New Delhi: To tackle the pollution crises in the national capital, the Commission for Air Quality Management (CAQM) has directed Delhi schools to remain closed for a week from Monday onwards, allowing only online mode.
The Commission has decided following a meeting with senior officials of Delhi and NCR states of Haryana, Uttar Pradesh and Rajasthan on late Tuesday.
The CAQM direction reads, “All public and private schools, colleges and educational institutions in NCR shall remain closed until further orders allowing only online mode of education.”
Moreover, the Commission directed the private and public sectors organizations to ensure that 50 percent of their staff work from home until November 21.
The Commission also directed Delhi and the NCR states to stop all the construction activities till November 21, except those engaged in Railways, metro rail corporation services, airports and the inter-state bus terminals and the national security-related services/ projects of national importance.
There would be a restriction on transport service; however, Trucks carrying non-essential items have been banned from entering the national capital till Sunday.
The Commission has ordered to ensure that no diesel and petrol vehicles older than 10 years and 15 years are found plying on the road.
Additionally, it also ordered that only five of the 11 thermal power plants located within a 300 km radius of Delhi- NTPC, Jhajjar, Mahatma Gandhi TPS, CLP Jhajjar, Panipat TPS, HPGCL, Nabha Power Ltd. TPS, Rajpura and Talwani Sabo Taps, Mansa will remain operational till November 30.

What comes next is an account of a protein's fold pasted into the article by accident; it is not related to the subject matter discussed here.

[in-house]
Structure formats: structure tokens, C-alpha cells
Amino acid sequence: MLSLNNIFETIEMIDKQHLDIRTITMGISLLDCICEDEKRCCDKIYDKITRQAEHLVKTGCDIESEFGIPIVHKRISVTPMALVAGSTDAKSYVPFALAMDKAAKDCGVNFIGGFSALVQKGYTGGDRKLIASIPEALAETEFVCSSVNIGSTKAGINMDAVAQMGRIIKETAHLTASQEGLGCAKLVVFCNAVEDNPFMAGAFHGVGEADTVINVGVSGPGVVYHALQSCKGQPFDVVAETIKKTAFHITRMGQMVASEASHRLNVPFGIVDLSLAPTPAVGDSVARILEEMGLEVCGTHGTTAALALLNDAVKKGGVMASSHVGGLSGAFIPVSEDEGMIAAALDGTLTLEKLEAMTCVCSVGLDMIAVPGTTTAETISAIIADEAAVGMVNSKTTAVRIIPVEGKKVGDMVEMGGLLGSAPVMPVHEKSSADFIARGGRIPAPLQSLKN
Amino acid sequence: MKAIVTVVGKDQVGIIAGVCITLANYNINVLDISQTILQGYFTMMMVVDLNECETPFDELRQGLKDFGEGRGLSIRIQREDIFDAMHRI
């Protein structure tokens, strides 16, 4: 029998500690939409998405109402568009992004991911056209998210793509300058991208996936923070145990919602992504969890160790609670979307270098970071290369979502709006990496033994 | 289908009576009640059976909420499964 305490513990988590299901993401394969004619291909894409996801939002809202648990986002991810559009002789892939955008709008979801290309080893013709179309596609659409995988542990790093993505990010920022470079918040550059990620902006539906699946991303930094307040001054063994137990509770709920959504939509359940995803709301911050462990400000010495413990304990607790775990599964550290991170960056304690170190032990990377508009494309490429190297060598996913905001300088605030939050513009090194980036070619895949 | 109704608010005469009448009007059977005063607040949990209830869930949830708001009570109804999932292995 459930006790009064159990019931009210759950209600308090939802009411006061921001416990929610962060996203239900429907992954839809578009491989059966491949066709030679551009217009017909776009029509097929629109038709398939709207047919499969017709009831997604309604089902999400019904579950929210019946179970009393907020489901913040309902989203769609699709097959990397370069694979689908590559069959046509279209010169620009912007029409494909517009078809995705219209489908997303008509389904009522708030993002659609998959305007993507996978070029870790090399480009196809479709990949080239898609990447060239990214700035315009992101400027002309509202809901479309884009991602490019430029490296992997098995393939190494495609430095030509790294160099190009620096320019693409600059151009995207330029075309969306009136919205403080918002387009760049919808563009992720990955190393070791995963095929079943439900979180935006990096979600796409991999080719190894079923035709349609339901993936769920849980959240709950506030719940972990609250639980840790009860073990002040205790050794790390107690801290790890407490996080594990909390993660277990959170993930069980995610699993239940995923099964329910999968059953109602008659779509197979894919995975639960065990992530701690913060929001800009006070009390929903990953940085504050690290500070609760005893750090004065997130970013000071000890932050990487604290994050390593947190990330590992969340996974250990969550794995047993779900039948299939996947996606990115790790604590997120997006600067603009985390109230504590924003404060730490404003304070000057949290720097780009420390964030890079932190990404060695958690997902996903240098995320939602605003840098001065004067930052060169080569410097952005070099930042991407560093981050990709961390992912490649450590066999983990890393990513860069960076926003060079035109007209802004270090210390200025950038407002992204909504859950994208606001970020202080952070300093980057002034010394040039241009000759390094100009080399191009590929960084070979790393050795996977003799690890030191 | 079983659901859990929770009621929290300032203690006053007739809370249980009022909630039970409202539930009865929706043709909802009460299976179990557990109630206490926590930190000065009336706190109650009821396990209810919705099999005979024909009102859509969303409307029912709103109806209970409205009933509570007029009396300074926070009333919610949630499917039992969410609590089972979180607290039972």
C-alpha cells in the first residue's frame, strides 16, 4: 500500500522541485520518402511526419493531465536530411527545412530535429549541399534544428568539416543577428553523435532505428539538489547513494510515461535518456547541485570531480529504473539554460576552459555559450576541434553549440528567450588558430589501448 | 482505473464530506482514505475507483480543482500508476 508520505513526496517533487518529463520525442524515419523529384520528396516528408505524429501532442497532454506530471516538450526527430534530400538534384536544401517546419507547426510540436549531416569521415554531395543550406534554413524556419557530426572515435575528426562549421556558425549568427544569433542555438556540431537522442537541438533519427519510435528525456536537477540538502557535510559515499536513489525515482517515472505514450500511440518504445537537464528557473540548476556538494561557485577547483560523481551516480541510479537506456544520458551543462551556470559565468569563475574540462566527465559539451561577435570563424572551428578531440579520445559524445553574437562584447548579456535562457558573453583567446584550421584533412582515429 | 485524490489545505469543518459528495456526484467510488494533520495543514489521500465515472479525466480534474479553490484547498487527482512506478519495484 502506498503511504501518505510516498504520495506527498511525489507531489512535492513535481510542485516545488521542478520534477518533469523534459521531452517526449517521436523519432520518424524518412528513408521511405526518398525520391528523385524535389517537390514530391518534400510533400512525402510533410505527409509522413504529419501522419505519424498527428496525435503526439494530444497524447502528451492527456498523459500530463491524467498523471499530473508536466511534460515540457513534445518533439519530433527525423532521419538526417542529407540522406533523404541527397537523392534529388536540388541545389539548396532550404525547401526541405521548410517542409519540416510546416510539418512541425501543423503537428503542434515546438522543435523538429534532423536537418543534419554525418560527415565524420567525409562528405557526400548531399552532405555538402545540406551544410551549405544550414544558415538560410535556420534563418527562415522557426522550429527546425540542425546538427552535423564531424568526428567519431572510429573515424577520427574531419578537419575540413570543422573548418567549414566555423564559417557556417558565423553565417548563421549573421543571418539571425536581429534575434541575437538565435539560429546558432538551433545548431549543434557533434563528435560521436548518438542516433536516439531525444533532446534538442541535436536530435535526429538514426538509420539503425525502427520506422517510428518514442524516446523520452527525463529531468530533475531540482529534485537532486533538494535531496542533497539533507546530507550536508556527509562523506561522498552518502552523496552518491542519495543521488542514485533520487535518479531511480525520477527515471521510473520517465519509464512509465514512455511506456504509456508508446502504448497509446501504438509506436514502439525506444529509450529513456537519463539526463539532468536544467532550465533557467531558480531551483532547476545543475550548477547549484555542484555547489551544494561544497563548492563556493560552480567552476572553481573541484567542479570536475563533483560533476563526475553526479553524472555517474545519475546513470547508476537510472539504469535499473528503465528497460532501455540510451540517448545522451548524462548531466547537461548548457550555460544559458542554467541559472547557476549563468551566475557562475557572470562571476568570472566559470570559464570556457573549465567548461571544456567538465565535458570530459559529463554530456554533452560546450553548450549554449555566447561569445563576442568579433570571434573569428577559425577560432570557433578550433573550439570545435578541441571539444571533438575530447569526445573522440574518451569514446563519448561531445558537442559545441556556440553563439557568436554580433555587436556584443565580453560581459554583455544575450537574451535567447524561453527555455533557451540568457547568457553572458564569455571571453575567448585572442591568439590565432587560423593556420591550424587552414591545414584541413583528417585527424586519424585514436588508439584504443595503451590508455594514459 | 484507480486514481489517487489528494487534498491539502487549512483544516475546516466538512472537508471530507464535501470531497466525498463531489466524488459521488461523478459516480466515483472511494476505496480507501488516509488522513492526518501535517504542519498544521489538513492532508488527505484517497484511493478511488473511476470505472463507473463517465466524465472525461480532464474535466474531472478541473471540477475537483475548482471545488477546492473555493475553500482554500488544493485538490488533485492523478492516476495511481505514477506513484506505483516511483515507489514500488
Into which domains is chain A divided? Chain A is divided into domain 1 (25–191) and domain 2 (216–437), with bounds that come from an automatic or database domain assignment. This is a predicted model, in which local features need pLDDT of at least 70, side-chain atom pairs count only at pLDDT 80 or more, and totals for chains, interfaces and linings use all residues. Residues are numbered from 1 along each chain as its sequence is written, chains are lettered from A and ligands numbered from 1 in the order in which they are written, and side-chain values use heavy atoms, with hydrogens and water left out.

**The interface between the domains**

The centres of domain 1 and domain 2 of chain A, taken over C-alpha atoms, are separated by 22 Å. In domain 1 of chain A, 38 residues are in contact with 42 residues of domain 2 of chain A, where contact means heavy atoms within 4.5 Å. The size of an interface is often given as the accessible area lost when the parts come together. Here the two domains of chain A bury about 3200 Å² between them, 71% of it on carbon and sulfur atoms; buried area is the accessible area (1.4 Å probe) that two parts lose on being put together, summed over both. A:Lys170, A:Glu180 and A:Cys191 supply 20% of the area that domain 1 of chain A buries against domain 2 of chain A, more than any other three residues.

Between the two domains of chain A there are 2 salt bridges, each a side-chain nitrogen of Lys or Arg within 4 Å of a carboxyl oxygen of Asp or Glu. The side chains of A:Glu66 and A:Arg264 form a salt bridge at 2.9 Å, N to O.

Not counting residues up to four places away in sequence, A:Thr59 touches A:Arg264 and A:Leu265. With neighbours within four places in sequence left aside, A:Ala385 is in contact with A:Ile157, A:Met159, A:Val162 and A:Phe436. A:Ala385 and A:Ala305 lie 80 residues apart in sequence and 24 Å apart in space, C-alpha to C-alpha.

Delhi’s air quality is in a severe category, with the 24-hour average AQI recorded at 403 after remaining in the ‘very poor category till Tuesday morning when the AQI recorded at 396.
Will Guwahati Turn Into a Next ‘New Delhi’?
In terms of Air Quality Index (AQI), Guwahati city reported air quality as ‘Unhealthy for Sensitive Groups’ with the AQI being recorded at 129, the report said.
Considering the guidelines provided by the Assam government ahead of the Diwali celebration, only green crackers were supposed to be to be used for sale. However, lately, it was reported that the city’s air quality slipped from moderate to poor during Diwali days.
It is reported that the citizens went on busting firecrackers from early Thursday evening till late night, which had excluded the time limit of 8 pm to 10 pm notified by the state pollution control board (PCB).
As a consequence, the city on Friday morning woke up to a thick layer of smoke as the district administration and the police failed to enforce the PCB ban on the sale and bursting of firecrackers, except the green ones.
If the air quality remains in ‘Unhealthy for Sensitive Groups.’ In that case, it might impact the health of all age groups, including an increase in blood pressure, under-development of lungs in infants, chronic lungs condition in adults, and cancers, low immunity and depression.
According to the Global Burden of Disease report, air pollution was the top risk factor for death in India in 2019, killing an estimated 1.67 million people.
The Central Pollution Control Board (CPCB) listed 132 cities to have the best air quality on Sunday, with Aizawl in the top position. However, in the list, Guwahati falls under the ‘moderate’ (101-200 AQI) in the air quality category.